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Pirates In Somalia Grow Bolder

Tuesday, November 18th, 2008
Posted in Uncategorized by Joel Gross

Pirates in Somalia have grown increasingly more organized and powerful over the last few years and this year they have set records with the amount of booty they are taking.‚  You may think I’m joking, but unfortunately these pirates have seized over a hundred ships this year alone.‚  A couple of days ago, Somalian pirates captured their biggest prize yet- a Saudi oil tanker carrying over $100 million of oil.‚  The pirates went further than they ever have before- more than 430 miles off of the coast of Somalia to take the aircraft carrier sized ship.‚  The ship, SIrius Star, is now anchored next to 14 other hijacked ships just off the coast of Somalia.

The hijackers cannot just be attacked because they hold the crews hostage until they receive payment, at which time they turn the ship and crew back over.

What should be done about these Somalian pirates?‚  I think that stable governments, such as in Britian, Saudi Arabia and America should launch temporary Coast Guard patrols all along the Somalian coast along with naval support.‚  Every ship coming and going off the coast of Somalia should be stopped and searched to make sure that it isn’t full of pirates.

Another idea might be to send a couple of dummy freighters up the coast of Somalia and when the pirates attack them, send air support to sink the pirates ships.

The best idea would be to hire Johnny Depp to infiltrate the pirates ranks and use his superhuman abilities to destroy them all.

12 thoughts on “Pirates In Somalia Grow Bolder

  1. This is just irritating. We tried the coast guard patrols approach already. Two centuries ago. I think this was the US’s first (and apparently least conclusive) war. http://en.wikipedia.org/wiki/First_Barbary_War That’s right, the USS Enterprise won the day, as always. I’m liking the dummy vessels idea. A lot, actually. We should get on that. Wonder why that hasn’t been tried. Bait cars have been phenomenally successful in cutting car thefts. I think corporations need their own contracted security forces in international waters. There’s a fairly simple risk benefit analysis that I’d bet would show that a few gunboats per tanker are a small price to pay for actually getting every shipment to port. Even a couple 50cal snipers in a crow’s nest (like we have on US Naval vessels) would go a long way to making pirates think twice about going near an unknown ship. It’s a whole different decision when they know for a fact that some of them will be killed before they even get on the ship. That approach is probably even cheaper than insurance in the long run, since insurance doesn’t actually lower the risk of loss; just spreads it around. What’s the problem with that? War crimes lawsuits? All those Blackwater people are ex military anyway; I’d trust them. Man it’s a slow work day.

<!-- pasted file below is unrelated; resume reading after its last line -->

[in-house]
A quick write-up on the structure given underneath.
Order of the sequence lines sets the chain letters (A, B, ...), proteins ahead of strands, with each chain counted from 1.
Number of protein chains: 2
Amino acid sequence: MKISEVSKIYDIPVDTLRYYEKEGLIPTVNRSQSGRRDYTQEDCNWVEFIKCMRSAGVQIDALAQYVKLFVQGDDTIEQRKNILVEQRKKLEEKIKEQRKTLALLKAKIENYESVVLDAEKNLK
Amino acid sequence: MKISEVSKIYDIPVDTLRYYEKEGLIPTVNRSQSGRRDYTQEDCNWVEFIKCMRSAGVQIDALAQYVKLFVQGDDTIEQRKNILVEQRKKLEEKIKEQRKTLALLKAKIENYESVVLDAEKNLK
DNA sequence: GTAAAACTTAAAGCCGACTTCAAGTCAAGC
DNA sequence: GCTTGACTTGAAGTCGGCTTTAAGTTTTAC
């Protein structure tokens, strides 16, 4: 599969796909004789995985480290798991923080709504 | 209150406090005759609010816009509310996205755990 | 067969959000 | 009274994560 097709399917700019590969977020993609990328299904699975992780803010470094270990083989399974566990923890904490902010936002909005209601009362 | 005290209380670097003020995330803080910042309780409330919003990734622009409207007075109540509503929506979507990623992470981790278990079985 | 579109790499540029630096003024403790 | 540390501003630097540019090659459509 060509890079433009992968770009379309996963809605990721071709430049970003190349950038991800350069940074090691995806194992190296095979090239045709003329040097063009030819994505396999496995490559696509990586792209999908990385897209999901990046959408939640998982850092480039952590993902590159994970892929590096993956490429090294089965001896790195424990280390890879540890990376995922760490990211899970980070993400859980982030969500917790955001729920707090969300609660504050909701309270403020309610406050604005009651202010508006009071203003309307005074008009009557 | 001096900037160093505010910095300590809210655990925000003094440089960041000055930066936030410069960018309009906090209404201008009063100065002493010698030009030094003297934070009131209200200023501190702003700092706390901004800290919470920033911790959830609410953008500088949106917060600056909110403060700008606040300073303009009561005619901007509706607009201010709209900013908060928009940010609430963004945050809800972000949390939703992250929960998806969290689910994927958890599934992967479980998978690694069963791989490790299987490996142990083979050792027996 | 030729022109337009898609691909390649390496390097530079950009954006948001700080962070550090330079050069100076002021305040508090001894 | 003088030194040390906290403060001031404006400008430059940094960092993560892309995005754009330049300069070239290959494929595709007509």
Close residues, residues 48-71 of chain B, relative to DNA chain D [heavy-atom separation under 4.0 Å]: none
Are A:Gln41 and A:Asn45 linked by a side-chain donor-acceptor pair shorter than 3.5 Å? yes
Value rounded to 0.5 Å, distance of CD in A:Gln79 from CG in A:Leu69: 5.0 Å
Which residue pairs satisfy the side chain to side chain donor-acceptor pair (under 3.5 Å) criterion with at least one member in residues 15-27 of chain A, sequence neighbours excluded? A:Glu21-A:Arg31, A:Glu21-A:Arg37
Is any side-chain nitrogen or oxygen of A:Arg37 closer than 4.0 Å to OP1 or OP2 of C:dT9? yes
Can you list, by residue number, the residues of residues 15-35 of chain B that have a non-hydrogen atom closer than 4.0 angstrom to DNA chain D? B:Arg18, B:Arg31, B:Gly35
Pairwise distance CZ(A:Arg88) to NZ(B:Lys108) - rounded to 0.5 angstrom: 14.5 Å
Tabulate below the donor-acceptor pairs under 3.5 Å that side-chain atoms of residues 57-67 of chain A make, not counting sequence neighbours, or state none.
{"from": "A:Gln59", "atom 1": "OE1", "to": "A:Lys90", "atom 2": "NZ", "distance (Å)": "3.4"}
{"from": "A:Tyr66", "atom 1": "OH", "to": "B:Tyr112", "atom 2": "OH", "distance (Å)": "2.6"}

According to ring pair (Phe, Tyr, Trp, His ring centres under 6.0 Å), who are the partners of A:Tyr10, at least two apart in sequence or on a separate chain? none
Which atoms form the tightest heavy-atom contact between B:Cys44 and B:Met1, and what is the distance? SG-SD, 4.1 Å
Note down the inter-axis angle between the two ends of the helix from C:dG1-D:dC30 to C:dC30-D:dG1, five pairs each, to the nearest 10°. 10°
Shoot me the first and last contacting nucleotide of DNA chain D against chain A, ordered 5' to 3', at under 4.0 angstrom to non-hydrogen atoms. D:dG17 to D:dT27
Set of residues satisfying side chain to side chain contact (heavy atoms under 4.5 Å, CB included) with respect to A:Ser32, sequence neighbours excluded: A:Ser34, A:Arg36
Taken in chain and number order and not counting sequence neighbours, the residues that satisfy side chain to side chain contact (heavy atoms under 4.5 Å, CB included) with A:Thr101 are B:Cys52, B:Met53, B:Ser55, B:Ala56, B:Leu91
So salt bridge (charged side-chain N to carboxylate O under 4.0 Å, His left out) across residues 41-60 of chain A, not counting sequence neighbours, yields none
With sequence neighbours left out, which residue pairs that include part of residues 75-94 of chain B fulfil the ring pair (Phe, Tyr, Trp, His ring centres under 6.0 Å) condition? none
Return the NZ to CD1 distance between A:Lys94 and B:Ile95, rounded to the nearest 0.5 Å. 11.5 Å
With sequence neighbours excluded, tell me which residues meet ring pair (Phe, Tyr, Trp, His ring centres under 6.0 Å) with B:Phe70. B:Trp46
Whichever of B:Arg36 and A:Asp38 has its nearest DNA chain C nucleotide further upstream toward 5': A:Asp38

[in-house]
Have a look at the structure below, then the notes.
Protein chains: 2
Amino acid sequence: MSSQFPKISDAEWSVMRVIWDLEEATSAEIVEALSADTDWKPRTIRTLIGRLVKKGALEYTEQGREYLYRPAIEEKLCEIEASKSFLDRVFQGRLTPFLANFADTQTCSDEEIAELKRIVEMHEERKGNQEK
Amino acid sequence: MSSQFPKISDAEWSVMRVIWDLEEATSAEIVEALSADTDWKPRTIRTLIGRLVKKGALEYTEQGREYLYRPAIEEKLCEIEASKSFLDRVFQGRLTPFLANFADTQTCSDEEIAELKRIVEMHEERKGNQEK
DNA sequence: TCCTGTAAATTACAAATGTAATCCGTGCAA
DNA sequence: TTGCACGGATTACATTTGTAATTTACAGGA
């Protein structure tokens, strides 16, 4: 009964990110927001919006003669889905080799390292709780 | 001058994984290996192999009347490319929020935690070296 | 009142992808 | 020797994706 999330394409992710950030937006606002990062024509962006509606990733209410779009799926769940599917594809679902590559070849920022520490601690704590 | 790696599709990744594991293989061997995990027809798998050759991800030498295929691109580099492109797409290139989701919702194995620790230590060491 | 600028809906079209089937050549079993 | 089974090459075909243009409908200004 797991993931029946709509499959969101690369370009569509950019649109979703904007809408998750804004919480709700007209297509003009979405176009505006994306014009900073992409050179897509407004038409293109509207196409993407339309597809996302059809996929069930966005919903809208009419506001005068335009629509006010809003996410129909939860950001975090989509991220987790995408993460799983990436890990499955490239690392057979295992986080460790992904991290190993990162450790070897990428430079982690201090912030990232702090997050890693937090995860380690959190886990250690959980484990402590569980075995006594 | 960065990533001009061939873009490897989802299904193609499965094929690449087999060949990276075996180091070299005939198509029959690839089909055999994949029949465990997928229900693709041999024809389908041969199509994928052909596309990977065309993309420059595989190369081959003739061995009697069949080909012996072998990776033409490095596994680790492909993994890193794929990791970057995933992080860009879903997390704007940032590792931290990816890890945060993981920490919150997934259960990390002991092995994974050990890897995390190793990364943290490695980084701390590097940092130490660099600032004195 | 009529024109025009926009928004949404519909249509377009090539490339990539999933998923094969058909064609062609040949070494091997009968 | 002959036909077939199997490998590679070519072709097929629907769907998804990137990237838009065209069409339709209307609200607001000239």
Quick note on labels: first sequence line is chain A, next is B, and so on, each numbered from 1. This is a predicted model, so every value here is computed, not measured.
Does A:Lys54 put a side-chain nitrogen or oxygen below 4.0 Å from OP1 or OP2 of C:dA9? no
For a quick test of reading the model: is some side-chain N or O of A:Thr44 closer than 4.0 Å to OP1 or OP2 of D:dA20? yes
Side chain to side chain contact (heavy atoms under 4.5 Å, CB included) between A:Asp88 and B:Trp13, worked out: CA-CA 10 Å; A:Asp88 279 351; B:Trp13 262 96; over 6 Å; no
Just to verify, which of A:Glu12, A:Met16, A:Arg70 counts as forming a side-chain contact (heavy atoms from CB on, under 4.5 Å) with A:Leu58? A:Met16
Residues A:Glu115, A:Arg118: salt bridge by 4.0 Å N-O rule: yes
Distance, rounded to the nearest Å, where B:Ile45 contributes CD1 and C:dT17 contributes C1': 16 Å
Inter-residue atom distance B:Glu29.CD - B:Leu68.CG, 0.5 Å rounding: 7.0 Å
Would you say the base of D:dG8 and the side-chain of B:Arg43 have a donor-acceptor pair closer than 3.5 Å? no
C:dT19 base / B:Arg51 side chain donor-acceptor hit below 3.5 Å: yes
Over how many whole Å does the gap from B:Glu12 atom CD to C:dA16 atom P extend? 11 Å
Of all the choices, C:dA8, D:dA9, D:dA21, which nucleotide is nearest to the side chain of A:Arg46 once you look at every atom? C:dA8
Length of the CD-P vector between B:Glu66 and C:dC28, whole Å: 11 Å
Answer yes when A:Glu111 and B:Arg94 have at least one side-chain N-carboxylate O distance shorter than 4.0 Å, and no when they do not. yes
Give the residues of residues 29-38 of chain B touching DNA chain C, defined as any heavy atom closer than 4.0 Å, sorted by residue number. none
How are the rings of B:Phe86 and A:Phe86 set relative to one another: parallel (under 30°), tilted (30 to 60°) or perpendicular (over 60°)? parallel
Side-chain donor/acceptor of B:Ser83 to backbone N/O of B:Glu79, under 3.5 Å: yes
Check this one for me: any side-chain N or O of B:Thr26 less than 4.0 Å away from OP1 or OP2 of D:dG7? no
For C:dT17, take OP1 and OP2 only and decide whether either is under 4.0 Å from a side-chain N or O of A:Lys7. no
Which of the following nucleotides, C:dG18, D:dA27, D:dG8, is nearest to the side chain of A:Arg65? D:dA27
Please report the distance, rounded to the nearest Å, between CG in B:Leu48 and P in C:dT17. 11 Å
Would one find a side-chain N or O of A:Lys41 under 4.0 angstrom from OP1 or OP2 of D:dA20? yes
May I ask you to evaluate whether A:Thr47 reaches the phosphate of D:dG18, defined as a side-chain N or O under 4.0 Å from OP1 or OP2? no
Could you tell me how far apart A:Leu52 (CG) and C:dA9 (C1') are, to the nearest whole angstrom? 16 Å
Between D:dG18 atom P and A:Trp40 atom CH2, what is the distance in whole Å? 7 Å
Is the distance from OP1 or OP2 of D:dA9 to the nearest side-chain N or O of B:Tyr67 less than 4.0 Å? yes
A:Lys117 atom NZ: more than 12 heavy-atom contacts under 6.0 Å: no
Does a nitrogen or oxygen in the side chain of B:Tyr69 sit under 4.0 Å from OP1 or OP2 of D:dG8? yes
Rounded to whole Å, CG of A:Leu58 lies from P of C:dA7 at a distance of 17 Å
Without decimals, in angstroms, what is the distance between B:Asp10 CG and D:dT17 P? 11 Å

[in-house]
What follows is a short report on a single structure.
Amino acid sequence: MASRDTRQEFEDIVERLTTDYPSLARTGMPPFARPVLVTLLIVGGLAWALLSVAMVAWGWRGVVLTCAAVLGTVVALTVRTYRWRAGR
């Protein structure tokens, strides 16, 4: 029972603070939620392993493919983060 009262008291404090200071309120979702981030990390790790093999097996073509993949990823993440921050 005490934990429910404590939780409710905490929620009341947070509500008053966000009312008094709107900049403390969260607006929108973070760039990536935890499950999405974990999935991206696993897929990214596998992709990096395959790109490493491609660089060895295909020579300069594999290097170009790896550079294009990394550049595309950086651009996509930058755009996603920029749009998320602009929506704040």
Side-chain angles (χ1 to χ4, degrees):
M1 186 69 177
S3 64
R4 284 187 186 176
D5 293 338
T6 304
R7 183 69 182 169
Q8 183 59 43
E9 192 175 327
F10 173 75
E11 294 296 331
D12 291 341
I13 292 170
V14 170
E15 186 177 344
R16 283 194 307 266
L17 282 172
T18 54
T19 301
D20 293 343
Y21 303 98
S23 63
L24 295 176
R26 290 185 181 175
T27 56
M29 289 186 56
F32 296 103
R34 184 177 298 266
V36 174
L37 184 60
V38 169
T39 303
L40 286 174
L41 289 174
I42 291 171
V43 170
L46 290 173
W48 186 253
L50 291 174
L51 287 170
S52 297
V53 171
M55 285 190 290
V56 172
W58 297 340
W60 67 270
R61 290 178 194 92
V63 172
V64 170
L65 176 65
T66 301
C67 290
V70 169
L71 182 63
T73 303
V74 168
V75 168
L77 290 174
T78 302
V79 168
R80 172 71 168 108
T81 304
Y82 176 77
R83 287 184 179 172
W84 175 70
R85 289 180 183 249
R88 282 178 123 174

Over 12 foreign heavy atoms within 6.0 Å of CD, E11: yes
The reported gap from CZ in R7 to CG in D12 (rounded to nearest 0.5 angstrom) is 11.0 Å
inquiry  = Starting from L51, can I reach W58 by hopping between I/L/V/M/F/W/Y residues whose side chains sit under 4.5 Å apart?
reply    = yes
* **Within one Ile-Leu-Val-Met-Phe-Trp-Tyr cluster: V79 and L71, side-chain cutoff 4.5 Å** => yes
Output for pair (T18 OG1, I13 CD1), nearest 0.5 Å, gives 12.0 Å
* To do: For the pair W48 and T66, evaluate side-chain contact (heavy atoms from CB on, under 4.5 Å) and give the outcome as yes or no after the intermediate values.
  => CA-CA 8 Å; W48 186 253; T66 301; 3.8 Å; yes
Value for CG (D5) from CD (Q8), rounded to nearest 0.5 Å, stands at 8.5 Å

2. I definitely am an advocate of corporate armies. It would be pretty entertaining to see the Home Depot Navy go sink the ironclad ship run by the Lowe’s Navy or perhaps the Chevron Marines prevent the nationalization of their oil wells in South America.

  3. Don’t get me wrong; I’m not talking about corporate armies warring. The same rules would apply between companies at home; a bunch of your people, under orders, kill a bunch of their people, bad things happen. Lawsuit for billions. Initiating company goes bankrupt. And pays plaintiff’s legal fees. One of your people kills a pirate who intends to take them hostage? Nothing wrong with that. Self-defense, albeit by the very well-armed.

  4. Actually, funny you should mention Chevron; I actually wrote a paper in Business Ethics arguing for Chevron’s right to have a para-military presence at their facilities in South America, to protect their property. I don’t see the problem, as long as they stay on their land. Kind of hard for an army to run amok when they’re not allowed outside the fence.